|Nottage says Police ‘immersion’ in crime hot spots, having impact|
|Thursday, 26 July 2012 06:05|
NASSAU, The Bahamas --- The deployment of all police resources to the front lines to assist in the fight against crime has had a profound impact on the war on crime and criminality, Minister of National Security, Dr. the Hon Bernard J. Nottage told House Members Wednesday.
Dr. Nottage said the objective is to immerse police officers in communities so that they are near to the people they are sworn to serve and are able to respond quickly to calls for service in whatever form required by the communities.
“This provides the communities with an assurance of safety,” Dr. Nottage said.
The National Security Minister said Saturation Patrols in the “crime hot-spots” are also having “significant impact” in the war on crime and criminality – particularly violent crime.
“The Commissioner’s current mandate is that all marked patrol cars of the Mobile Patrol Division are deployed during times when, historically, most crimes are committed,” Dr. Nottage said.“Each car is double-manned by officers who are properly trained, appropriately armed and properly led. To facilitate this operation a Superintendent is assigned to head this Division supported by an Assistant Superintendent and three Inspectors.
“Additional officers were recently transferred to this division to build capacity and to maintain a dedicated level of operations,” Dr. Nottage added.
Dr. Nottage said to complement the uniform patrols, a team of “properly trained, armed, briefed” officers led by a Superintendent of Police has been mobilised in unmarked police vehicles.
“Their mandate is to target prolific serial offenders and criminal suspects who are considered armed and dangerous and who pose an ever present danger to members of the communities in The Bahamas,” Dr. Nottage said.
“These officers are deployed in unique shift patterns and are at the sharp end of policing. To date they have been extremely successful in their efforts.”
Dr. Nottage said Police motorcyclists from the Traffic Division of the Royal Bahamas Police Force are also playing a significant role in this regard as cyclists are able to negotiate busy streets must faster than police patrol cars.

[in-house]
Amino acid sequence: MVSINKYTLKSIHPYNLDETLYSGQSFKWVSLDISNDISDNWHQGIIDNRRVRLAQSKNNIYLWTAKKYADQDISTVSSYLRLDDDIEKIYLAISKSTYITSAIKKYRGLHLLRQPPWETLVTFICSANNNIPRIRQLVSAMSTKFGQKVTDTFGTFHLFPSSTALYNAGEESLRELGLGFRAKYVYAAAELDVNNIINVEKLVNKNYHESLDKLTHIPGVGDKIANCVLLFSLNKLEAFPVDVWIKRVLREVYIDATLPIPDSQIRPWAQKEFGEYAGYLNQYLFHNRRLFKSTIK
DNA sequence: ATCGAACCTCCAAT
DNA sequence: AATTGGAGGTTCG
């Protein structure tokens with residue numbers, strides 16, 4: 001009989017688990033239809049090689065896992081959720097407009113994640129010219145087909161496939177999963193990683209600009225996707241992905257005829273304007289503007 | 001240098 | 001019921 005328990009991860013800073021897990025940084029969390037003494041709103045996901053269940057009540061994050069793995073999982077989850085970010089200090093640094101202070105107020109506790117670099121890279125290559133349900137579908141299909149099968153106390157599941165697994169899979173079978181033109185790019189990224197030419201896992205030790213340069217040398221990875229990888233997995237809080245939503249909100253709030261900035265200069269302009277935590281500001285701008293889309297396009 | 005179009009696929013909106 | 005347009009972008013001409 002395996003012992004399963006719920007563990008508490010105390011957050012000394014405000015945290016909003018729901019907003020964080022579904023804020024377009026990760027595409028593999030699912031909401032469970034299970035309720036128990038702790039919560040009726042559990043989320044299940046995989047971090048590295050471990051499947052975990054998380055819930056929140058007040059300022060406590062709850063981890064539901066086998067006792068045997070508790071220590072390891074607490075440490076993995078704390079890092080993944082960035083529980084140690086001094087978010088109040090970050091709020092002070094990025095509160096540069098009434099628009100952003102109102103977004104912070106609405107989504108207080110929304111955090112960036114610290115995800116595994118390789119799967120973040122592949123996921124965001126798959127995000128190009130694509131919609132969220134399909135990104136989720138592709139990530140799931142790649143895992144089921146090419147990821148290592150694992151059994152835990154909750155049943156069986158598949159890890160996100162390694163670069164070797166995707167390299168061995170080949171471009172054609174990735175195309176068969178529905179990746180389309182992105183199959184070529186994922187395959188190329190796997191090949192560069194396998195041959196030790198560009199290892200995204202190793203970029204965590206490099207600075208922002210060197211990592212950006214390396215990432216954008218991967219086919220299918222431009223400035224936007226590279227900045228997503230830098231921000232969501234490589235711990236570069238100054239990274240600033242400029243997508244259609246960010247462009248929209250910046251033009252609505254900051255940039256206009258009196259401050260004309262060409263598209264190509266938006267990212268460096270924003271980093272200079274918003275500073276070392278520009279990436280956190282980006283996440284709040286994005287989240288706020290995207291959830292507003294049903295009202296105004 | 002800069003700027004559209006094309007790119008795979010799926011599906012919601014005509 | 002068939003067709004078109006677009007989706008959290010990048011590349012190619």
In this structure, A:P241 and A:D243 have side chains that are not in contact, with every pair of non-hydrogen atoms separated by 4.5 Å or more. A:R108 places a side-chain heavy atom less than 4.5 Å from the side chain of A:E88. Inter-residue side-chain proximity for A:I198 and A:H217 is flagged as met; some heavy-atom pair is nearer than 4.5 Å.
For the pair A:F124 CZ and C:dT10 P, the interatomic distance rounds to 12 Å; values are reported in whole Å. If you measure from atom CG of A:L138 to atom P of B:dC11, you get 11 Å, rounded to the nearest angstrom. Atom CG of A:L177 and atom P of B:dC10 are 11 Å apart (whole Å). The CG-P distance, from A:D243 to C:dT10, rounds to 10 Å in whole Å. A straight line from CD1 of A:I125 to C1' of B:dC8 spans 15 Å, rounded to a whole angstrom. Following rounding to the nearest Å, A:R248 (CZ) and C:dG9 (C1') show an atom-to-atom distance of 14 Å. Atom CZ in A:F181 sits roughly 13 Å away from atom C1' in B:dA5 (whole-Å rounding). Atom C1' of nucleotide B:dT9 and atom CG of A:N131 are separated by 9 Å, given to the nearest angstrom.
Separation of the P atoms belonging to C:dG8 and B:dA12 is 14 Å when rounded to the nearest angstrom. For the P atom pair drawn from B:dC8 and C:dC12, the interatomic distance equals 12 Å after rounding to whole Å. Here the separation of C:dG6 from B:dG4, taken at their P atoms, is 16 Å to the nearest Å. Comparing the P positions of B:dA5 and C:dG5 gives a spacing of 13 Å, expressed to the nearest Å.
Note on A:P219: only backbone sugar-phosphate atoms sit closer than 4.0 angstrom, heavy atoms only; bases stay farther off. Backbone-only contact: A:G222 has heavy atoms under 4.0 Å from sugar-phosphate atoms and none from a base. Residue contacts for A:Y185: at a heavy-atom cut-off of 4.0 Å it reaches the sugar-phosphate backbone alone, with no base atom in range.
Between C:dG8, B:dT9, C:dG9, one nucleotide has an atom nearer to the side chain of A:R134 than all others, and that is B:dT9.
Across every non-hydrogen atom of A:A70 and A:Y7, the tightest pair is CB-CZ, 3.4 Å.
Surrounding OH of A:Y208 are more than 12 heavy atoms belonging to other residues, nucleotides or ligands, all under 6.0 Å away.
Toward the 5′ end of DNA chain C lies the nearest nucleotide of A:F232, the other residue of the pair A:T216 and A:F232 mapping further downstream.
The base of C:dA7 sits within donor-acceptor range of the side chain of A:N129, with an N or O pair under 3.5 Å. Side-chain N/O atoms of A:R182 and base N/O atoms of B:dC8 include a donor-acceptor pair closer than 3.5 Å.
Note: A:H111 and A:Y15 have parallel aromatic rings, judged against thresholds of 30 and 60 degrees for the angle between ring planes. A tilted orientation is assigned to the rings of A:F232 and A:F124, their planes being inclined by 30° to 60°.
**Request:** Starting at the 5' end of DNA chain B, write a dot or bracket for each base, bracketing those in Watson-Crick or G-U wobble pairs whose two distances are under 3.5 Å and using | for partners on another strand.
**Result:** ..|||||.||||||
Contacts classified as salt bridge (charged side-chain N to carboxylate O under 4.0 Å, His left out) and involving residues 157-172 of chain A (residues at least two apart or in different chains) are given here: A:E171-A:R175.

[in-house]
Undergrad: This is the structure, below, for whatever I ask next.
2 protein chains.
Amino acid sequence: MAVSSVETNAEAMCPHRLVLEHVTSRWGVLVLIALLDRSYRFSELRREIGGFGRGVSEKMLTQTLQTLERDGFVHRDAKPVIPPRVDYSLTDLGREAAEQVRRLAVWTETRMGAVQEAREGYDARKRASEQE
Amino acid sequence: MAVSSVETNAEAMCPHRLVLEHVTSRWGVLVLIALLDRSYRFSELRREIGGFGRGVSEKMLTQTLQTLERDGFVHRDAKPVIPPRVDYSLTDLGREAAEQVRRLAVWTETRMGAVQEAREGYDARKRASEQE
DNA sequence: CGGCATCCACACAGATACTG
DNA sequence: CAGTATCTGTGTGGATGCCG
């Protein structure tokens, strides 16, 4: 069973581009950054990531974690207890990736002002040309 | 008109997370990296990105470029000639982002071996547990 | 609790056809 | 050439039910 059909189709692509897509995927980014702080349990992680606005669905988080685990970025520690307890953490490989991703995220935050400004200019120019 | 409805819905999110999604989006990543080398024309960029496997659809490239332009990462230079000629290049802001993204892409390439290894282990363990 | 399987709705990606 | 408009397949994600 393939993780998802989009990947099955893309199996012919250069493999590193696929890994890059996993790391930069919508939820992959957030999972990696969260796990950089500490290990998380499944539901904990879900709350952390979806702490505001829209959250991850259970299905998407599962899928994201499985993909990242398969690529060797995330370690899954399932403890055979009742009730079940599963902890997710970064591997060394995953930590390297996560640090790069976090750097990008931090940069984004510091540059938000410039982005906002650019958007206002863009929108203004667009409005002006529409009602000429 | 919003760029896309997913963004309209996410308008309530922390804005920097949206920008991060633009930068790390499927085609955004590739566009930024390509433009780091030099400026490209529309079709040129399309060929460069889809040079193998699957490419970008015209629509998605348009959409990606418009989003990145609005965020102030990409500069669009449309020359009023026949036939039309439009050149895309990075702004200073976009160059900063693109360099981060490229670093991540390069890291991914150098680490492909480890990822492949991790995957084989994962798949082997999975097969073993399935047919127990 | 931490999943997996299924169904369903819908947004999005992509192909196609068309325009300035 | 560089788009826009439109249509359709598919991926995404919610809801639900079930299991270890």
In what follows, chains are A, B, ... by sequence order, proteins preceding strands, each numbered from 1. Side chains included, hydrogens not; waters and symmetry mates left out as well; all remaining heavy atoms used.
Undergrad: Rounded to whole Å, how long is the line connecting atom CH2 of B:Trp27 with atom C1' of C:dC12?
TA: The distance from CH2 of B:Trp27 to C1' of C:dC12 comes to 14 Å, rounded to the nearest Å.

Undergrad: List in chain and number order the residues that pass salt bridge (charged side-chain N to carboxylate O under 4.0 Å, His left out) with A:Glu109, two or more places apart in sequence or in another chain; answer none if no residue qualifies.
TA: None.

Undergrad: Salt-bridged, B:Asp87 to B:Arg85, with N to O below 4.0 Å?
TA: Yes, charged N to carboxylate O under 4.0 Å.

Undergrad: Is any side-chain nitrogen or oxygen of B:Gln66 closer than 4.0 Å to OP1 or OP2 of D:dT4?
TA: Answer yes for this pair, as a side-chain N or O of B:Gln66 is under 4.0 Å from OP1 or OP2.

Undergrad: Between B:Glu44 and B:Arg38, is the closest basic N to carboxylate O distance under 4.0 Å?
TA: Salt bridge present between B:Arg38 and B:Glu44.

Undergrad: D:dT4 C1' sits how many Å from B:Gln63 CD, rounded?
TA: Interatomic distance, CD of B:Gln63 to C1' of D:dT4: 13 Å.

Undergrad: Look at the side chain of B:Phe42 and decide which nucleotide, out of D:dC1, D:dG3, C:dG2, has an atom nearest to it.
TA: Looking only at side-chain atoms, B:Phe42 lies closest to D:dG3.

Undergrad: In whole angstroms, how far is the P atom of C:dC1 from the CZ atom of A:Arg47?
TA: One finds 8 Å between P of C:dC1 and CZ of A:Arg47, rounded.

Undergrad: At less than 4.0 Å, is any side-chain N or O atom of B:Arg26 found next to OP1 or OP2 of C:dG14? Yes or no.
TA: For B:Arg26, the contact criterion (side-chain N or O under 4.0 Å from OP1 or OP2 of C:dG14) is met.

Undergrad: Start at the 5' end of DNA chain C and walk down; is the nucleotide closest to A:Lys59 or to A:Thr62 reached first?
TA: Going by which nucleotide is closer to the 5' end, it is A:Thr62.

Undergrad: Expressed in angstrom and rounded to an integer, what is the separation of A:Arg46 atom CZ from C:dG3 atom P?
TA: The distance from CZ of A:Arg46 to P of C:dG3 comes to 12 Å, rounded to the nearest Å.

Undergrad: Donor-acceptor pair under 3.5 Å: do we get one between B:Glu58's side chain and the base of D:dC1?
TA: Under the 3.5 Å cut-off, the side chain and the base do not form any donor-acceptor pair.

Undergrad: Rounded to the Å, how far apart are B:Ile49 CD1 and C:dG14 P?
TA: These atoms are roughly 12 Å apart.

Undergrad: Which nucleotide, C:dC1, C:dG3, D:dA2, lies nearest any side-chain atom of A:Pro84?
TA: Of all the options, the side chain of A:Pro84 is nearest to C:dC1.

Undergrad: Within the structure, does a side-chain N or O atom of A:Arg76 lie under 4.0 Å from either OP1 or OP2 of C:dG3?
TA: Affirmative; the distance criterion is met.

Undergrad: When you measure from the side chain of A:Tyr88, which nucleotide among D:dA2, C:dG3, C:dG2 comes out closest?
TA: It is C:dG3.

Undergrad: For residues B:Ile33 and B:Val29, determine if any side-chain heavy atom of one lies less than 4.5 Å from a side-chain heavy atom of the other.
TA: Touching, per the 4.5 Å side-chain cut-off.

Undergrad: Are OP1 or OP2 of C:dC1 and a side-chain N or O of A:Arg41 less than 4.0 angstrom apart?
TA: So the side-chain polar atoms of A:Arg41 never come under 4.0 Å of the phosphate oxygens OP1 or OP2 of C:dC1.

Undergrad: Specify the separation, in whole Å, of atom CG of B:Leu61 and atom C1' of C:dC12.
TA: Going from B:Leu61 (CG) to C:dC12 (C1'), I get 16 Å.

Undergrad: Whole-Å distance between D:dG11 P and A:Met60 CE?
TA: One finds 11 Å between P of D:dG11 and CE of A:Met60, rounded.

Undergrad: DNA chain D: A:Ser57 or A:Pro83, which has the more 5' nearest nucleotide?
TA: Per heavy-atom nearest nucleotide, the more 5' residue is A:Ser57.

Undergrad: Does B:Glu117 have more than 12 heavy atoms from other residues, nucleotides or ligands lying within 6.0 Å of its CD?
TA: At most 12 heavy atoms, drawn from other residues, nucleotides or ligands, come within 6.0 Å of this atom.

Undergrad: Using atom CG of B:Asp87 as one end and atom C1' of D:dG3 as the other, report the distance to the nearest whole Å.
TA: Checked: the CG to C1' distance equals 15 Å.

“Many successful interventions have been made by officers from the Traffic Department,” Dr. Nottage added.
Dr. Nottage said numerous operations have been mounted by officers from across the Force over the past two months with each operation having “clear objectives.” The operations have been led by Divisional and Sub-divisional Commanders and “have been very effective in interdicting serious crimes and offenders such as drug peddlers, and persons in possession of firearms.”
“These operations have also targeted road users who contravene traffic laws and regulations,” Dr. Nottage said.
Dr. Nottage also commended the Office of the Attorney General for its “full support to the Royal Bahamas Police Force.”
“This is evidenced by the number of murder accused and other serious offenders who are currently incarcerated based upon successful arguments before the Courts by attorneys from the Office of the Attorney General.
“Swift Justice Meetings are convened weekly by the Hon. Attorney General and senior leaders from the Police Force attend those meetings. This high level of involvement by senior police officials and senior team leaders from the Office of the Attorney General is paying good dividends. Of significance is the fact that a number of leaders of organised crime groups and members of gangs have been incarcerated for serious crimes.
“Additionally, the Royal Bahamas Police Force receives good support from sitting Magistrates who are remanding serious offenders such as those suspected of involvement with the illicit drug trade and firearms,” Dr. Nottage added.
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